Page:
On Jan. 21, the very day America learned that three of its citizens had been killed in a hostage-taking at a Saharan natural gas facility, President Obama was sworn in for another four years and delivered a speech that said nothing about terrorism.
In fact, his inaugural speech failed to address many of the most pressing issues confronting America today. Rather than pay respects to the families of the Americans lost in Algeria or at the Benghazi consulate, he talked about “hope,” “engagement,” and turning “sworn enemies into the surest of friends.”
The president made no mention of the more than 8 million Americans without jobs. And only a passing reference was made to the burgeoning federal deficit. About the budget-busting entitlement programs, the president said they “strengthen us.”
In short, President Obama’s inaugural address downplayed the clear and present dangers that confront us, played up the theoretical threat of climate change, and signaled that he intends to continue the profligate spending that led to the $16 trillion budget deficit at the conclusion of his first term.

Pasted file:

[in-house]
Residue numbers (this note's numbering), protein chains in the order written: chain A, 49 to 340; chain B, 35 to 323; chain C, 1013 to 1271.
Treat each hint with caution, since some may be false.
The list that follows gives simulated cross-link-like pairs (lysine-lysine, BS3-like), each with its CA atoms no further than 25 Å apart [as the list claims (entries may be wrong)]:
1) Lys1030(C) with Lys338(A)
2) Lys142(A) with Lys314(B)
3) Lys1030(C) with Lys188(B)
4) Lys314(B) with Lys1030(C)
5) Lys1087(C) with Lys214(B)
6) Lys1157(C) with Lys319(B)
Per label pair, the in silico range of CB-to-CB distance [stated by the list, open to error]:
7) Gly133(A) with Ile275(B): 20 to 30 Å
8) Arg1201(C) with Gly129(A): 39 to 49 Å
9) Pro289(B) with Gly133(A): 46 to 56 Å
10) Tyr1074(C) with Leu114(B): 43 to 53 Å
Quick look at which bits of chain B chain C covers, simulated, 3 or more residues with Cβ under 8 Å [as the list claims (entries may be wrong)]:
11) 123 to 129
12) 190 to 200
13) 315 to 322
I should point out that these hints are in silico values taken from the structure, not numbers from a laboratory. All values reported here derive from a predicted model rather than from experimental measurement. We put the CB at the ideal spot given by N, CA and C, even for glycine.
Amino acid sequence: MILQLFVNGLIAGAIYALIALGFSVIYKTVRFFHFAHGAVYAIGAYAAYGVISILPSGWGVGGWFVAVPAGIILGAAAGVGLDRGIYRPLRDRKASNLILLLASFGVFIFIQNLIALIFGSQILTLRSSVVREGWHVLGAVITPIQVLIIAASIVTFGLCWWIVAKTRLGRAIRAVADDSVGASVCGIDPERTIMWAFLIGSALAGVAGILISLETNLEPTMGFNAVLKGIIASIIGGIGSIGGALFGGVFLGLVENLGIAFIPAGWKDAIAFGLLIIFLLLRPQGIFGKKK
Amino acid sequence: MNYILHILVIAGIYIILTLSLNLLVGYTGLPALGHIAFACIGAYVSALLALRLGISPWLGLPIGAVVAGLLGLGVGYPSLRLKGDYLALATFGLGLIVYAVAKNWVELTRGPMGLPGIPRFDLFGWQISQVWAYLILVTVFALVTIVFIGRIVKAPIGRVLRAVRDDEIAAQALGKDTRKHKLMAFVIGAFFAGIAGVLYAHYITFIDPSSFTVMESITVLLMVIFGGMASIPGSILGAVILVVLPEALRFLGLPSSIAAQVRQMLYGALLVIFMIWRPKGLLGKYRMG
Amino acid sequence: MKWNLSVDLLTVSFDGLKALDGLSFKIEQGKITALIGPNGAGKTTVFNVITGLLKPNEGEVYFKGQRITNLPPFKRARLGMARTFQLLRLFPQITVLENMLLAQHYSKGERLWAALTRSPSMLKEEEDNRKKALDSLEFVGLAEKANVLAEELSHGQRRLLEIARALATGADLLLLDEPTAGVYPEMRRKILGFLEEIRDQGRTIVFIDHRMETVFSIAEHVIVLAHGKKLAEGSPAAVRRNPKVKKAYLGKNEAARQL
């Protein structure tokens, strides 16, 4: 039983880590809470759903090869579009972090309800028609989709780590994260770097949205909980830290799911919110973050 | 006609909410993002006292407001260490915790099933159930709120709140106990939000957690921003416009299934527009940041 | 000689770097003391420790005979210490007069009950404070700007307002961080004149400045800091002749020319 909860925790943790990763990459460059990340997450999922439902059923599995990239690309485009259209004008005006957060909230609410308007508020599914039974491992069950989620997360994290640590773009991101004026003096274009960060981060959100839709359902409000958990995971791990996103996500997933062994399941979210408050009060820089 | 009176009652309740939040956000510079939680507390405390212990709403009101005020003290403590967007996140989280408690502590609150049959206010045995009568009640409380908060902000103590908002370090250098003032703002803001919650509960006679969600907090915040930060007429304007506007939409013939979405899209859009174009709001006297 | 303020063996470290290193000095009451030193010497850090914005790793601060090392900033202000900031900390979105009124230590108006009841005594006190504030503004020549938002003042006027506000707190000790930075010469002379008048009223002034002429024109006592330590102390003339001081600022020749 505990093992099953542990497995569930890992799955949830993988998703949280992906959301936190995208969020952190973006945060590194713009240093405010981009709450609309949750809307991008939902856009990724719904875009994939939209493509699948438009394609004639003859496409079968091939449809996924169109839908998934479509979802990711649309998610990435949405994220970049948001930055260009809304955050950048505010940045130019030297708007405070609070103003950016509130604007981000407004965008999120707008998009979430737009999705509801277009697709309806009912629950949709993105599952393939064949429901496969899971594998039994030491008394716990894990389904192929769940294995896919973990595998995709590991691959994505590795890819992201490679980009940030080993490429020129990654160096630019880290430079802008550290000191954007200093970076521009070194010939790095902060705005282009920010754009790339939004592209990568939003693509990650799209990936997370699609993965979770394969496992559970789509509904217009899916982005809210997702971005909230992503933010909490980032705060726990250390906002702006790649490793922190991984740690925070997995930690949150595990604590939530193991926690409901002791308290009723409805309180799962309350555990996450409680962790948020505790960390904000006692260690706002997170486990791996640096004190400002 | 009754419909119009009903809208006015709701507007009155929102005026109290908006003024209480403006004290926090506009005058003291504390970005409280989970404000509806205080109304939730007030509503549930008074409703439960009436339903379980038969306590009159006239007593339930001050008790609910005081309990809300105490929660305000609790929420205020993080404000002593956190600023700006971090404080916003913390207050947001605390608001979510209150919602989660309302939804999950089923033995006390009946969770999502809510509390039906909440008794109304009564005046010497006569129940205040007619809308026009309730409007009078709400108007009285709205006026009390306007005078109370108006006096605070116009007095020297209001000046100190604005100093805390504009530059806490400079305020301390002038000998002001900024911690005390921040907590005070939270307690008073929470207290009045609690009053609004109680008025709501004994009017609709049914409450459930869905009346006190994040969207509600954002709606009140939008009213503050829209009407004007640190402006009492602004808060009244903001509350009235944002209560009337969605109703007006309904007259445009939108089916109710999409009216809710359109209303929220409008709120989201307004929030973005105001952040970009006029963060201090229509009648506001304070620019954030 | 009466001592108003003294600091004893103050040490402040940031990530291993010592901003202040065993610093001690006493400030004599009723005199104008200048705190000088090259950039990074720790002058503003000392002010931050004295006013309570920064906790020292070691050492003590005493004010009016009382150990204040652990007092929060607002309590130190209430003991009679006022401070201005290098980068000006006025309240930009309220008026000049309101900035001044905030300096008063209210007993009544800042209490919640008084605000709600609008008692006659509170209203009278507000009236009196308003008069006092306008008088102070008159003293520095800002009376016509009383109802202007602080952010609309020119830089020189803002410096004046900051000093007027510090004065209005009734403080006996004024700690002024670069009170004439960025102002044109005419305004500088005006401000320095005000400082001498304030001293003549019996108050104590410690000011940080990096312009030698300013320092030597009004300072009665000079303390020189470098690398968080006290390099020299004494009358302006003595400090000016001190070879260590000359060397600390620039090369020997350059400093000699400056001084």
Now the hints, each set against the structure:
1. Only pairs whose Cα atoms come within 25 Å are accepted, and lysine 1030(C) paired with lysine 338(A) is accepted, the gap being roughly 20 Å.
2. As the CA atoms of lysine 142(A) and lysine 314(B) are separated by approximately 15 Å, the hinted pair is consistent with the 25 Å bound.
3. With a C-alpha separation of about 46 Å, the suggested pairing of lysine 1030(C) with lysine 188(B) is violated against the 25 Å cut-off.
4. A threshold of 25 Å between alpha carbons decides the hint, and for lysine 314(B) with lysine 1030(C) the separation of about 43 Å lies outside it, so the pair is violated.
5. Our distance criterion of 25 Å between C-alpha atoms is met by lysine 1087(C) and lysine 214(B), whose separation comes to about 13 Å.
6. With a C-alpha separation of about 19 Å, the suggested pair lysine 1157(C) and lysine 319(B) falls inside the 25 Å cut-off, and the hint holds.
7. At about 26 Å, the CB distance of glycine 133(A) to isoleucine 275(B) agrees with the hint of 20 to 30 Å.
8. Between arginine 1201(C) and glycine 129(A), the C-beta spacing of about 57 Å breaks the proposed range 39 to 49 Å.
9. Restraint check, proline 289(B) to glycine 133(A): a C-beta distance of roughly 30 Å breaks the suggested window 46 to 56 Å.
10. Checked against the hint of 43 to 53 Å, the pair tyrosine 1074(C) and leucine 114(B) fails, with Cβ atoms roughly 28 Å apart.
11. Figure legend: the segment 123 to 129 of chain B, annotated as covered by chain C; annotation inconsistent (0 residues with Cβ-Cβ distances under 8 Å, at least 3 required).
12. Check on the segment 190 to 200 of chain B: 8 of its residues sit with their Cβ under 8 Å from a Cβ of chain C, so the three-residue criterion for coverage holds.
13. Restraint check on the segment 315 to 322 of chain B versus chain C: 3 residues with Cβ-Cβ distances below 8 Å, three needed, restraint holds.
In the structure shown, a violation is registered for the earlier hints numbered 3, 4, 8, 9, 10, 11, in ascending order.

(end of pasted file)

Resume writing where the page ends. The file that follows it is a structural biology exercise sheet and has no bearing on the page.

High on his agenda are climate change and sustainable energy, both of which require massive government intervention in the private sector and huge outlays of capital. President Obama attempted to take action on these issues in his first term but with limited success.
The cap-and-trade bill, aimed at lowering carbon emissions, was not enacted despite having a Democrat-controlled House and Senate in the first two years of his presidency. Dubbed “cap-and-tax” by its critics, a Heritage Foundation analysis showed it could have cost the average family $3,000 per year and eliminated one million U.S. jobs.
After the bill died in the Senate, the administration’s Environmental Protection Agency (EPA) did an end-run around Congress by asserting it had the authority to regulate carbon emissions under the Clean Air Act. The U.S. Supreme Court agreed, and EPA moved forward by proposing new rules. Last fall former EPA Administrator Carol Browner predicted climate regulations are likely to move forward on a “sector by sector” basis.
“The president has been willing to use his executive authority ... I think you’ll see that kind of leadership,” Browner said during a panel discussion in September.
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